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Convertibles from Porsche: Six decades with no roof

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The fun factor has been added to P orsche has always been written in capital letters. The first Porsche , the 356 No. 1 in 1948 renounced everything that is not needed for sporty driving. And that includes the roof.

US market largely determines convertible development

Last but not least, the requirements of the most important market ensure that convertibles at Porsche have always played a major role. The Porsche 356 Speedster, for example, was initially only built as an export version for the US market in 1954. It differs from the 356 Cabriolet with a low windshield, blind windows instead of crank windows and a fully retractable minimum hood. Before that, there was a small series of the American Roadster as early as 1952, of which around 15 were made at Glasses. The Speedster versions of the 356 were around 60 kilograms lighter than the coupes and were often used in races. The Porsche 550 Spyder, which gained notoriety worldwide after the fatal accident of actor James Dean in 1955.

Up until 1965 the Porsche 356 also built as a convertible. From 1963 the successor 911 was already available, which was initially only available as a coupé. The strict US safety regulations initially prevented the popular open version and made a significant revision of the 1973 coupé necessary with voluminous bumpers including the accordion impact absorber. The so-called G-model was built from 1973 to 1989.

Because of the safety regulations, convertible fans had to wait a long time for the 911 full convertible to arrive. An intermediate step was the Targa, which rolled off the production line in 1965. With the “Safety Cabriolet”, Porsche created a successful model that can still be found in the model range today. It wasn't until 20 years after the coupé that Porsche presented the convertible of the G model. The successor to the 964 series was launched in 1988 as a coupé, Targa and convertible offered. In 1993, a Speedster version limited to 930 units was added to the series.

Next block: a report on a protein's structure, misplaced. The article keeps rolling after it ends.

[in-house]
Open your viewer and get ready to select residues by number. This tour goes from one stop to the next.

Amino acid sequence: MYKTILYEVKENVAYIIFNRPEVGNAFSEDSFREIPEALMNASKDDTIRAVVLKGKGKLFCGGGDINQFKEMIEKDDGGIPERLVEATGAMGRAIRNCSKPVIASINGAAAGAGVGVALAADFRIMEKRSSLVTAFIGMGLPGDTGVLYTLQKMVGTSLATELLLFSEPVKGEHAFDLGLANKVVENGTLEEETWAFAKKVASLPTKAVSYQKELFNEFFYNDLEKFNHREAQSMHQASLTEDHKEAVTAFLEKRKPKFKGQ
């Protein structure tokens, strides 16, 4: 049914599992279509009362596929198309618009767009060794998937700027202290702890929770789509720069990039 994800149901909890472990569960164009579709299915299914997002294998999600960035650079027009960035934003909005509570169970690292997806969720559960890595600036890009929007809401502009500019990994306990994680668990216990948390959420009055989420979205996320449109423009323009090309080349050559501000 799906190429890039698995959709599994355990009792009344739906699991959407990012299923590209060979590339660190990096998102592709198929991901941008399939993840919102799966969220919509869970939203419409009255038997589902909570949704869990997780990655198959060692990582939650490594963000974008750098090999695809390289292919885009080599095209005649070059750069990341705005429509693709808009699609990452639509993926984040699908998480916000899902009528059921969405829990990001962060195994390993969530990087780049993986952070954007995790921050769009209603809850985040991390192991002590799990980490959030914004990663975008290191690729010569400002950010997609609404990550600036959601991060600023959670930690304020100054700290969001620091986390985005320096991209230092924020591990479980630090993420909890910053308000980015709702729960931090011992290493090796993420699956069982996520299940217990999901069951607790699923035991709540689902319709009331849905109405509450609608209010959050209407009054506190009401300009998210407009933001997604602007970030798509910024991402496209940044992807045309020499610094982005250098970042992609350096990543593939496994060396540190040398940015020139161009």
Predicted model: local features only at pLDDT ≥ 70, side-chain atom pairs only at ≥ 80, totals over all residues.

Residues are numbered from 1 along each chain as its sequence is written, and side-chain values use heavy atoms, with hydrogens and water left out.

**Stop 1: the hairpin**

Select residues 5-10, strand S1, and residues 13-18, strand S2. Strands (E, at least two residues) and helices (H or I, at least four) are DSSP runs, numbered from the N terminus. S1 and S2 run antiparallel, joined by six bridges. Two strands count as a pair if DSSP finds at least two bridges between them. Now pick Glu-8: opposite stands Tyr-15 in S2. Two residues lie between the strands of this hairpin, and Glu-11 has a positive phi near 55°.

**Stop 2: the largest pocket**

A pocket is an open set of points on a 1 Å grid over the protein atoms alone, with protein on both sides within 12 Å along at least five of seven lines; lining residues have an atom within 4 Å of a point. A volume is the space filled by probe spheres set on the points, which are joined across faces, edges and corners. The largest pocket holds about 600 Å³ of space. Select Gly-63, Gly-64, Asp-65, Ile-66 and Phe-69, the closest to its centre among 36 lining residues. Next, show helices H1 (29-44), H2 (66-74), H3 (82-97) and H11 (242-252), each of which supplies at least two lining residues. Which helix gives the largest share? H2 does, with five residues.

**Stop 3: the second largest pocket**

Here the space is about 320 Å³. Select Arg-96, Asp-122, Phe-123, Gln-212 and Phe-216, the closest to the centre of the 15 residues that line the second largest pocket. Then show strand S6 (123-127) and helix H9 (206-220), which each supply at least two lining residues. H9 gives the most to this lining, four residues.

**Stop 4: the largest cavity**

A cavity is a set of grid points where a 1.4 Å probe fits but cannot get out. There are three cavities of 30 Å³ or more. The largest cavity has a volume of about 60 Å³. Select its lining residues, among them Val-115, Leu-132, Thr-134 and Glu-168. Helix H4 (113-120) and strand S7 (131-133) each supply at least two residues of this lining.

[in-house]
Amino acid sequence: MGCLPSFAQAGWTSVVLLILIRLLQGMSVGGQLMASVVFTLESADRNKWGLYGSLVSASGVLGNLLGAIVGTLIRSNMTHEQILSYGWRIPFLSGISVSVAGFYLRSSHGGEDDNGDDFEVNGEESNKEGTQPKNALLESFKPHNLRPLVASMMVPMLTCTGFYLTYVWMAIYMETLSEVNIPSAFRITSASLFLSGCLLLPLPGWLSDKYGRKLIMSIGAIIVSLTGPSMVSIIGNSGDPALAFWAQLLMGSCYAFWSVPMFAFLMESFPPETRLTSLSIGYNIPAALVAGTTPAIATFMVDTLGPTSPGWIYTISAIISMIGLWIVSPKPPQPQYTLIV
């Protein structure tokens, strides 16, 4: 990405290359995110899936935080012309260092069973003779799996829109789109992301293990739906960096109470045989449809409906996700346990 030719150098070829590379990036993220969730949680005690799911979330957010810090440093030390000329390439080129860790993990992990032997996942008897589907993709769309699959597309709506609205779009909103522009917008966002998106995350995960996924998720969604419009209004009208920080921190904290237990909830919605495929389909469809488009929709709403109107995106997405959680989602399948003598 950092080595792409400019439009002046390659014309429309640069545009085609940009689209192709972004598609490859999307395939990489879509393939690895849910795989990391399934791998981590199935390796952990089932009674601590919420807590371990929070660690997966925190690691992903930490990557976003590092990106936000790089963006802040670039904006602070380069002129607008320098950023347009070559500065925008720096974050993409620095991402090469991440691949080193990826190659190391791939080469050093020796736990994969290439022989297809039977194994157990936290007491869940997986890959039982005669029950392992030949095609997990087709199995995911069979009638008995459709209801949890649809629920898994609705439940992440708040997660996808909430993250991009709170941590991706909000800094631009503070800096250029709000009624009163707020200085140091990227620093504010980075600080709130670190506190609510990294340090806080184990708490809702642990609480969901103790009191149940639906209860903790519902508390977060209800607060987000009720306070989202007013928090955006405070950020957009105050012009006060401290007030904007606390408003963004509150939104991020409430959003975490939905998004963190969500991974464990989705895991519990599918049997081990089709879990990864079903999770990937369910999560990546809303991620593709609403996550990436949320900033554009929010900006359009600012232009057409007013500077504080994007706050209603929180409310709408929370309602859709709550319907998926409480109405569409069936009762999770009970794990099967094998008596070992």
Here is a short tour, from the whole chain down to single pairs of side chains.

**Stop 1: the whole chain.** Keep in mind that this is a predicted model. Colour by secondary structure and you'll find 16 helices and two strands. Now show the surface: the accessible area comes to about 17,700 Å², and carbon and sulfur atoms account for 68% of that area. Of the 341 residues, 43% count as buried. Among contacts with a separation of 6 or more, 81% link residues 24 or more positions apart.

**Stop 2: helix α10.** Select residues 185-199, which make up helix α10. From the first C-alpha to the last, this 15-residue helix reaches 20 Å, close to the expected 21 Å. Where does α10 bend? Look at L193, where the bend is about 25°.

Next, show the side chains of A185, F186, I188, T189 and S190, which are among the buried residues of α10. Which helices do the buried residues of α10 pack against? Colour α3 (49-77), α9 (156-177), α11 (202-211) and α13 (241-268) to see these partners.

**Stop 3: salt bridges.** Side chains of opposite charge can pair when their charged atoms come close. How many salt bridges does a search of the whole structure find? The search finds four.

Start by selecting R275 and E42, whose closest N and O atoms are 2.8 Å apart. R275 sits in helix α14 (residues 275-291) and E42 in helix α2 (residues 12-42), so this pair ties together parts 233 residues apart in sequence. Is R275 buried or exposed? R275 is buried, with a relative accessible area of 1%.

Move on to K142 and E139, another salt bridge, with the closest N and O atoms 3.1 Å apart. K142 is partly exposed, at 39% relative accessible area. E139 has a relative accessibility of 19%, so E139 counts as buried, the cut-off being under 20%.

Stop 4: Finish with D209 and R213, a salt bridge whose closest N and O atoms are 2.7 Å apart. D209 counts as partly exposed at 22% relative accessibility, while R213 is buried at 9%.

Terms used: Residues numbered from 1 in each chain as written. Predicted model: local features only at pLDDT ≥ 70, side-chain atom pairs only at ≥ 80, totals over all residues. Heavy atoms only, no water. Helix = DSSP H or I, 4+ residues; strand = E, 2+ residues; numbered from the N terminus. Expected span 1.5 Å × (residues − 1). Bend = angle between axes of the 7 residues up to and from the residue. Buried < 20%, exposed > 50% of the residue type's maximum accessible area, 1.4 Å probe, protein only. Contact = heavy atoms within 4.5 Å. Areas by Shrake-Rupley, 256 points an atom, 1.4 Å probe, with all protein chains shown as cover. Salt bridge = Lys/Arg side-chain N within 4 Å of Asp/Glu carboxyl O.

The Boxster Coup in difficult times

The last air-cooled Porsche 911 Cabriolet of the 993 series was released 1993 was built. The new Boxster model series already announced the move away from the air-cooled engine. In 1996, the new Boxster appeared in difficult times for the company. But with the new entry-level model into the Porsche world, Porsche achieved the turnaround. The two-seater roadster cost from DM 79,500 (around 39,100 euros) and opened up new groups of buyers to Porsche.

One year after the Boxster, Porsche split 911 fans with the new 996 -year-old tradition of the air-cooled boxer engine. Above all, the noise emission regulations made the switch to water cooling necessary. On the other hand, the face of the 911 polarized strongly with its 'fried egg' eyes. It represents a clear stylistic departure from its predecessor and is also very similar to the Boxster. And many fans have always had a few problems with the Porsche models below the 911.

As with the 944, which was also available as a convertible between 1989 and 1991. Around 7,000 copies of the front-engined Porsches were converted to the open version at the Weinsberg bodyworks. To achieve the rigidity of the body, a second floor panel was welded in, among other things. The last expansion stage of the front-engined Porsche with four-cylinder drive based on the 924 is the 968, which was also available as a convertible from the start.

Porsche remains faithful to the fabric hood

As with its predecessors, Porsche inevitably remains faithful to the fabric hood in the 997 series introduced in 2004. A folding roof would hardly be possible with the rear engine construction. On the 997, the fully automatic convertible top opens or closes in 20 seconds. The 991 series convertible, which will be available from dealers from March 2012, should complete the task seven seconds faster.

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